A decade of small kindness
 
Chwee Le learnt about Tzu Chi through Pei Sze in 2005. On a visit to Melaka Tzu-Chi Jing Si Hall, she learnt about recyclable sorting and was touched by the spirit of the “Bamboo Bank Era”. She recalled, “That time, an Indian care recipient, who had just undergone a leg surgery, shared with us his stories on a wheelchair. I was deeply moved the moment he emptied his savings in a Milo tin and gave to the doctor. I told myself that I could also do the same.”
 
After returning home, Chwee Le turned a plastic bottle into a bamboo bank. She would save RM0.20 daily and donate the money when she sent recyclables she had collected to Tzu Chi’s recycling point.
 
That little act of kindness has become her daily routine over the past ten years, with the amount increasing from RM0.20 to RM1 or more now. She said, “This is different from my donations to other charitable organizations; it is my daily token of kindness.”
 
The small yet precious kindness continues to grow even after Chwee Le’s relocation to Subang Jaya. Not only does she partake in the Water Repentance sutra adaptation performance, she has also become a new volunteer in December 2014 and progressed to a volunteer trainee this year. The dreadful illness has led her to grasp that “we can bring nothing but the karma we have created with us when we depart from this world”, and change her approach in doing charity. She said, “I am no longer confined to contribution in cash. I want to walk into the multitude, serve humanity and make a difference in their lives.”
 
 

 
Teong Chwee Lee shared that she felt like the sutra verses were particularly meant for her and every verse gives rise to a heart of repentance. [Photograph by How Siew Heok]   Enlightened by the sutra verses, Teong Chwee Le repented the karma of speech that she had created in the past. [Photograph by Teh Poh Tat]

Teong Chwee Lee shared that she felt like the sutra verses were particularly meant for her and every verse gives rise to a heart of repentance. [Photograph by How Siew Heok]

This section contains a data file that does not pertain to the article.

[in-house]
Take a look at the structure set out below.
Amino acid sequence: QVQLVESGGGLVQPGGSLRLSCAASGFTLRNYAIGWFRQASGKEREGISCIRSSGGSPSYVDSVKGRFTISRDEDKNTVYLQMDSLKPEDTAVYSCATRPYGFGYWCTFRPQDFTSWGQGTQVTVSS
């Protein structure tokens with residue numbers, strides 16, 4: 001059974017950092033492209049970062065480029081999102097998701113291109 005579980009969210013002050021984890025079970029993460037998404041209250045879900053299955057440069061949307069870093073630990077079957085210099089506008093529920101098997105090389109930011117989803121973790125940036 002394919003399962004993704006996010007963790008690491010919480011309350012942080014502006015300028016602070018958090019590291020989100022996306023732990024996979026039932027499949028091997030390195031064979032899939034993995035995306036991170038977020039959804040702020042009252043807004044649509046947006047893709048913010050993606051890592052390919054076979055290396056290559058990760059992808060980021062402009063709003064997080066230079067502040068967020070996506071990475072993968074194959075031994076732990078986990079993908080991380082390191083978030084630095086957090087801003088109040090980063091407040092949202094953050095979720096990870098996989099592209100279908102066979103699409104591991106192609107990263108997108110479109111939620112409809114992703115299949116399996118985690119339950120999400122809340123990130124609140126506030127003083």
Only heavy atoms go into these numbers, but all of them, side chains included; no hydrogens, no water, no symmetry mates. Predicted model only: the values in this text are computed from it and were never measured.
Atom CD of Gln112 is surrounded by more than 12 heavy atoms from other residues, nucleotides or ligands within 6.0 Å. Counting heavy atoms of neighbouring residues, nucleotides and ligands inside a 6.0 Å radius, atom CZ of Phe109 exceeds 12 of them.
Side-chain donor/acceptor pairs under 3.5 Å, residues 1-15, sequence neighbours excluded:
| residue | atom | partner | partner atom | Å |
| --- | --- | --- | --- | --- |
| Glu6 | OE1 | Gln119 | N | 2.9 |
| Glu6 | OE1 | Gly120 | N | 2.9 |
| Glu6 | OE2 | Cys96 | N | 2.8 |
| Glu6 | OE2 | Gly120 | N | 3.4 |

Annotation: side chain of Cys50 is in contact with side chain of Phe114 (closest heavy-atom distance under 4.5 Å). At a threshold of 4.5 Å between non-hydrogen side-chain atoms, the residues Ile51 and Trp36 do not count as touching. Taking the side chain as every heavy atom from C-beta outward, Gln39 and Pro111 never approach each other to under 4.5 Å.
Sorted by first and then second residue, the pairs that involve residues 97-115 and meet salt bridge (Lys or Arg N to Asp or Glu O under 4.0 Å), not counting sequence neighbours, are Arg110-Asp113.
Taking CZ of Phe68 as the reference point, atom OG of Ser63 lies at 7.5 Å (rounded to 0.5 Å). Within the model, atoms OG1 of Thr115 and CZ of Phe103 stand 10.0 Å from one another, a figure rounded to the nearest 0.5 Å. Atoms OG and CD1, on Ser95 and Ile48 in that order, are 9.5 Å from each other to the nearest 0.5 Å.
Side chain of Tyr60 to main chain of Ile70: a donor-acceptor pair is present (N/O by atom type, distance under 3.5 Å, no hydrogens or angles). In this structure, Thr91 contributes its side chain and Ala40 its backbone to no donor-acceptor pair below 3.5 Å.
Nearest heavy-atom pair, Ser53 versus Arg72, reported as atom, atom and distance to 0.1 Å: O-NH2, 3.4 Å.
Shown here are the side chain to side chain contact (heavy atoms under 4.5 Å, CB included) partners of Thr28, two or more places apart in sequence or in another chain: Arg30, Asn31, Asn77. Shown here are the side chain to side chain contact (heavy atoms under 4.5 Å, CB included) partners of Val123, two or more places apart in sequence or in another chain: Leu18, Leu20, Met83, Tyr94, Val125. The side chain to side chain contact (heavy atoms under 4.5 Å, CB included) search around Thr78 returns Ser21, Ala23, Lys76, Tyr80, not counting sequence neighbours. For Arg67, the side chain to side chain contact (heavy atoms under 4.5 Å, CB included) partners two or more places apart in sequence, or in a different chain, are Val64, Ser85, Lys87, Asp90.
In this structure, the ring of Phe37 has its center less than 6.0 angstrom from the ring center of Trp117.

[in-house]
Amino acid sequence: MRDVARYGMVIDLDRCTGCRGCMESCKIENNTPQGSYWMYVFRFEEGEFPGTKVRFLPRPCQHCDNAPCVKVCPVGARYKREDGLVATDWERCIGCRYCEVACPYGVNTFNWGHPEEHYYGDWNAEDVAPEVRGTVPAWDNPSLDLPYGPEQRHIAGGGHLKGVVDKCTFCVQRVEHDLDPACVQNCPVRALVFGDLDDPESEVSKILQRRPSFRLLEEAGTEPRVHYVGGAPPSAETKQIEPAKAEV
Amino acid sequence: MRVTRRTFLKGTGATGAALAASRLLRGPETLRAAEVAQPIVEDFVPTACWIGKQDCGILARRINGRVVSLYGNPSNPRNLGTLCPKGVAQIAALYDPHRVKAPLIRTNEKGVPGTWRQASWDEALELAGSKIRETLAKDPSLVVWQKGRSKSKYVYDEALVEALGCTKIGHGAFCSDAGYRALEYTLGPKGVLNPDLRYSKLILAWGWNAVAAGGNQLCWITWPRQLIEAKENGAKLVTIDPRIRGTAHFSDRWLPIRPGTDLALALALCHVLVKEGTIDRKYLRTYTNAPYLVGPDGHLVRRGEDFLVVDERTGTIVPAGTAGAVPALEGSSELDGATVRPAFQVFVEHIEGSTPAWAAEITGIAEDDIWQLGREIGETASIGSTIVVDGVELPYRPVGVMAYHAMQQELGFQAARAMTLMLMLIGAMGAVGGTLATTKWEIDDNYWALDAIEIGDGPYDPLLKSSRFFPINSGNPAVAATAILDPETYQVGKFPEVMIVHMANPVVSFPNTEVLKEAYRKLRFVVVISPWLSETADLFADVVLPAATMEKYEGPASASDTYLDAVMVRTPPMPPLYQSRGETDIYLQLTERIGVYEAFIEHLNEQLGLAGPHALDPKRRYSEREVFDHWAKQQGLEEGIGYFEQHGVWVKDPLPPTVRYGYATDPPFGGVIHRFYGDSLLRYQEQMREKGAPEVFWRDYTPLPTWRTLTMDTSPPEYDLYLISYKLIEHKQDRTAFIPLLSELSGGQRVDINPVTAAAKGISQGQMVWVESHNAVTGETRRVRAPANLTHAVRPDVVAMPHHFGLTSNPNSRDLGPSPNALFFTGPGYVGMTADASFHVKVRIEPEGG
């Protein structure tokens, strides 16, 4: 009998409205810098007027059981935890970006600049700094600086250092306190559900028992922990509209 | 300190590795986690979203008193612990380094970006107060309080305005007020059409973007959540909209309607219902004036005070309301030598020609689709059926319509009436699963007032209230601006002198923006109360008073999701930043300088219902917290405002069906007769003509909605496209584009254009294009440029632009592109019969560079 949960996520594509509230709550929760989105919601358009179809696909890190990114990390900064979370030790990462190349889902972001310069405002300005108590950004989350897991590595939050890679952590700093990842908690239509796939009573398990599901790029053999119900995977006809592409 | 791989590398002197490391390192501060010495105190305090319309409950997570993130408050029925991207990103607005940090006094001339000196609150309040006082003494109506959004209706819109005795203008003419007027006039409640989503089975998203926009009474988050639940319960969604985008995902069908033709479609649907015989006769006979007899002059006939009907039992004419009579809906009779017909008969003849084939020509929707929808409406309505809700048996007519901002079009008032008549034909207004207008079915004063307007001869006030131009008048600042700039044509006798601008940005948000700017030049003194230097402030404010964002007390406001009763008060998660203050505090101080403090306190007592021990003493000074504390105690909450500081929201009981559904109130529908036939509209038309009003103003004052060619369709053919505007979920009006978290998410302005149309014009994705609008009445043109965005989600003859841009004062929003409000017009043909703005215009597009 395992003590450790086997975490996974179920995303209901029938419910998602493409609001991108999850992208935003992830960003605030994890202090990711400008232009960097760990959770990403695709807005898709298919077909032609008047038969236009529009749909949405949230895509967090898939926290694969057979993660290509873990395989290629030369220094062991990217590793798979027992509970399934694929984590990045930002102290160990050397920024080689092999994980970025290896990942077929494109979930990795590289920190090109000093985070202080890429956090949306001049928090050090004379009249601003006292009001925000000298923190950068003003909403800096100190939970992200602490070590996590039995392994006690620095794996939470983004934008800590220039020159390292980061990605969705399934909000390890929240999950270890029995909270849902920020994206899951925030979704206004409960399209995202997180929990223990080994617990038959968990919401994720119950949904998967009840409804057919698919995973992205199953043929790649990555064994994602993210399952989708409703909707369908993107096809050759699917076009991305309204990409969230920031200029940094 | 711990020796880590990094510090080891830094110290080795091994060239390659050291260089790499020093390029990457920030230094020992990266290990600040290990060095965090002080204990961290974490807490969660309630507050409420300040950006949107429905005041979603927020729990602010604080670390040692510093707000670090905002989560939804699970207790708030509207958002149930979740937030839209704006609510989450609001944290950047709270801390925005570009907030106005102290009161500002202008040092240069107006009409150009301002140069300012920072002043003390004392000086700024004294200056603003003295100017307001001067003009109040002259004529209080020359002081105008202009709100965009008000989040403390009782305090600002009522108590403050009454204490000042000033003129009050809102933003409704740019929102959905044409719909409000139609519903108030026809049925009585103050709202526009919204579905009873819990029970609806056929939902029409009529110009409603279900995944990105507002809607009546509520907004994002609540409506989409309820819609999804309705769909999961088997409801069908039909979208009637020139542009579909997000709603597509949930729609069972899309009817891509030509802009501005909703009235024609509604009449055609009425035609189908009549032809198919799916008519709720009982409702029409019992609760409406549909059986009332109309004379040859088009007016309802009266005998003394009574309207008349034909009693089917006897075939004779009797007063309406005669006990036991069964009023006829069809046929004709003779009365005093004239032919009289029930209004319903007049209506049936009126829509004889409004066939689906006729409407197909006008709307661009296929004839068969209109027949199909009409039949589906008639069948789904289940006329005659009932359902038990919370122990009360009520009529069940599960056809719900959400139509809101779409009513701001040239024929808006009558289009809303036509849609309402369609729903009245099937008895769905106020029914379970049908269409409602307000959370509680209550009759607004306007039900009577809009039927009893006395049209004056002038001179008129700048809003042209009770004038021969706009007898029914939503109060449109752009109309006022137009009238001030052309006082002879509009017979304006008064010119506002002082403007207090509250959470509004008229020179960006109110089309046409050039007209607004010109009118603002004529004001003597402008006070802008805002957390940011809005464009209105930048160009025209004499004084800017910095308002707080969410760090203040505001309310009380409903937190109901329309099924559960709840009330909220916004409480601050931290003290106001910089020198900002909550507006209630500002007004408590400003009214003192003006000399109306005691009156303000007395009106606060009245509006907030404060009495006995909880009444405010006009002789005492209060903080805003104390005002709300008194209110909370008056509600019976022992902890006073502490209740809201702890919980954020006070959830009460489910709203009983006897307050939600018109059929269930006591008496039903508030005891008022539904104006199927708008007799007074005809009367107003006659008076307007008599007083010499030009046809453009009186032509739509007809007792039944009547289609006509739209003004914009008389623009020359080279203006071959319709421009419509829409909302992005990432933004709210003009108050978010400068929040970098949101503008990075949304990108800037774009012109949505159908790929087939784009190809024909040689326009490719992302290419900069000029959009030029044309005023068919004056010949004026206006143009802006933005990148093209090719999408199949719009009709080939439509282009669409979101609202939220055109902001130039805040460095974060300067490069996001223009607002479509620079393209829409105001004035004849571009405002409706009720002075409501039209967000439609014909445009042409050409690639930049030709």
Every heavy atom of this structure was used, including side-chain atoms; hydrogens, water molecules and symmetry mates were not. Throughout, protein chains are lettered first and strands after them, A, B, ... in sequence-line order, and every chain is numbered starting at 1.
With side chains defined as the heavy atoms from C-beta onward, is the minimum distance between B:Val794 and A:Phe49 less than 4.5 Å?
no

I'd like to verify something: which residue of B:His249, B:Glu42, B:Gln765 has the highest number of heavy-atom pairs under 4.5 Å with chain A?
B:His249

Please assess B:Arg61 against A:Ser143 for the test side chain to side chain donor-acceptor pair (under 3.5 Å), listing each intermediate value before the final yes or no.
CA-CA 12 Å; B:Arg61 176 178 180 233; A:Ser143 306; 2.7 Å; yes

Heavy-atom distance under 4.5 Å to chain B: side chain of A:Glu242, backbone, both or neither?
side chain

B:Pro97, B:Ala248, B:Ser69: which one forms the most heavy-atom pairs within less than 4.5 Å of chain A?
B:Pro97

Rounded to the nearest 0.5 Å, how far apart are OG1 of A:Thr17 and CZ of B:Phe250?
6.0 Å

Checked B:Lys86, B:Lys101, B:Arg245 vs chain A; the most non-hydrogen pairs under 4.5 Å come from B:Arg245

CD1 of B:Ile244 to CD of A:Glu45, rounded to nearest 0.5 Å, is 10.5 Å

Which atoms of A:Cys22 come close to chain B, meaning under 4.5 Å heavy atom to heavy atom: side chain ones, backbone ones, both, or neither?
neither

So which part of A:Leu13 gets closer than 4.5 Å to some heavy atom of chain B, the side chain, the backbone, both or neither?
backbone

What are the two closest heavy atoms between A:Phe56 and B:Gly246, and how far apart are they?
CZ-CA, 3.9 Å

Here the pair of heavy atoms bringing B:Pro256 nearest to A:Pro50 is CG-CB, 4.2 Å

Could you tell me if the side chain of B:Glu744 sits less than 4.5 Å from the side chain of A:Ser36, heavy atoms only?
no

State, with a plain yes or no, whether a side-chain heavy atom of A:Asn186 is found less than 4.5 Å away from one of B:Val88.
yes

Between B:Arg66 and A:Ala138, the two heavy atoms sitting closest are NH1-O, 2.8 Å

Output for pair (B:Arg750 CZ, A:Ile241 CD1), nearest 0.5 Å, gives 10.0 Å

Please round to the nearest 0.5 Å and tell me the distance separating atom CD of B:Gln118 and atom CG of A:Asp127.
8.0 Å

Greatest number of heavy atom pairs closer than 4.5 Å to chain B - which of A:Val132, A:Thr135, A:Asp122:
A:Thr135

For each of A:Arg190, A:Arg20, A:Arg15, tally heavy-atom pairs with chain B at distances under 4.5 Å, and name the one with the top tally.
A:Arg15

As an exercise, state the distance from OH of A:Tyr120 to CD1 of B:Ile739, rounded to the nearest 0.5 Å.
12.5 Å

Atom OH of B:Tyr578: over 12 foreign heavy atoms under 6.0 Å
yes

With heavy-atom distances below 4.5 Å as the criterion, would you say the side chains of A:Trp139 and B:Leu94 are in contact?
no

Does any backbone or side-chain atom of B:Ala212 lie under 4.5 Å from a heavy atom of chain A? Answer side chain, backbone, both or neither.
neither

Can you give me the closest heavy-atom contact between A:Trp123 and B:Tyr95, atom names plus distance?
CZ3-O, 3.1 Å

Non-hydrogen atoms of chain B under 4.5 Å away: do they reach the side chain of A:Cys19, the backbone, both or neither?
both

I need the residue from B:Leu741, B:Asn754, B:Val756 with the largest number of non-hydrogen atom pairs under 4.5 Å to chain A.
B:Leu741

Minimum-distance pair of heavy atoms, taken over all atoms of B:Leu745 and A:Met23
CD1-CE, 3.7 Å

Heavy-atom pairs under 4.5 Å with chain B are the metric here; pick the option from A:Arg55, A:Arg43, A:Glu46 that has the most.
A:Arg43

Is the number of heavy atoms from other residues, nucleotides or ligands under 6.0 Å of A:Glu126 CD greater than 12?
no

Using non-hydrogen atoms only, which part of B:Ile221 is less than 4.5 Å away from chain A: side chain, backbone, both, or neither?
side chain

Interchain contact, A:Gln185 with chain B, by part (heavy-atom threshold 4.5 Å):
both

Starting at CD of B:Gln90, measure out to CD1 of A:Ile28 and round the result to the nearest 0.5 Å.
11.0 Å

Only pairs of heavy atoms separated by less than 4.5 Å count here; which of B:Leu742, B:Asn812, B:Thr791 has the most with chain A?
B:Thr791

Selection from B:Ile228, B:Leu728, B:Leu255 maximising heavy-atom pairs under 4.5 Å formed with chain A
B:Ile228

Enlightened by the sutra verses, Teong Chwee Le repented the karma of speech that she had created in the past. [Photograph by Teh Poh Tat]
 
Teong Chwee Le (centre), who is a Dharma Expressionist in Group B, attends the group study at the Tzu Chi USJ Community Centre every Monday after work. [Photograph by How Siew Heok]   Although Teong Chwee Le picked up sign language interpretation only after she joined the sutra adaptation performance, she was already able to help teach the hand gestures in December 2014. [Photograph by How Siew Heok]

Teong Chwee Le (centre), who is a Dharma Expressionist in Group B, attends the group study at the Tzu Chi USJ Community Centre every Monday after work. [Photograph by How Siew Heok]
 
 
Although Teong Chwee Le picked up sign language interpretation only after she joined the sutra adaptation performance, she was already able to help teach the hand gestures in December 2014. [Photograph by How Siew Heok]
 
Teong Chwee Le turned a plastic bottle into a bamboo bank and saved RM0.20 daily. She would donate the money when she sent recyclables she had collected to Tzu Chi’s recycling point. [Photograph by Chan Shi Yih]    

Teong Chwee Le turned a plastic bottle into a bamboo bank and saved RM0.20 daily. She would donate the money when she sent recyclables she had collected to Tzu Chi’s recycling point. [Photograph by Chan Shi Yih]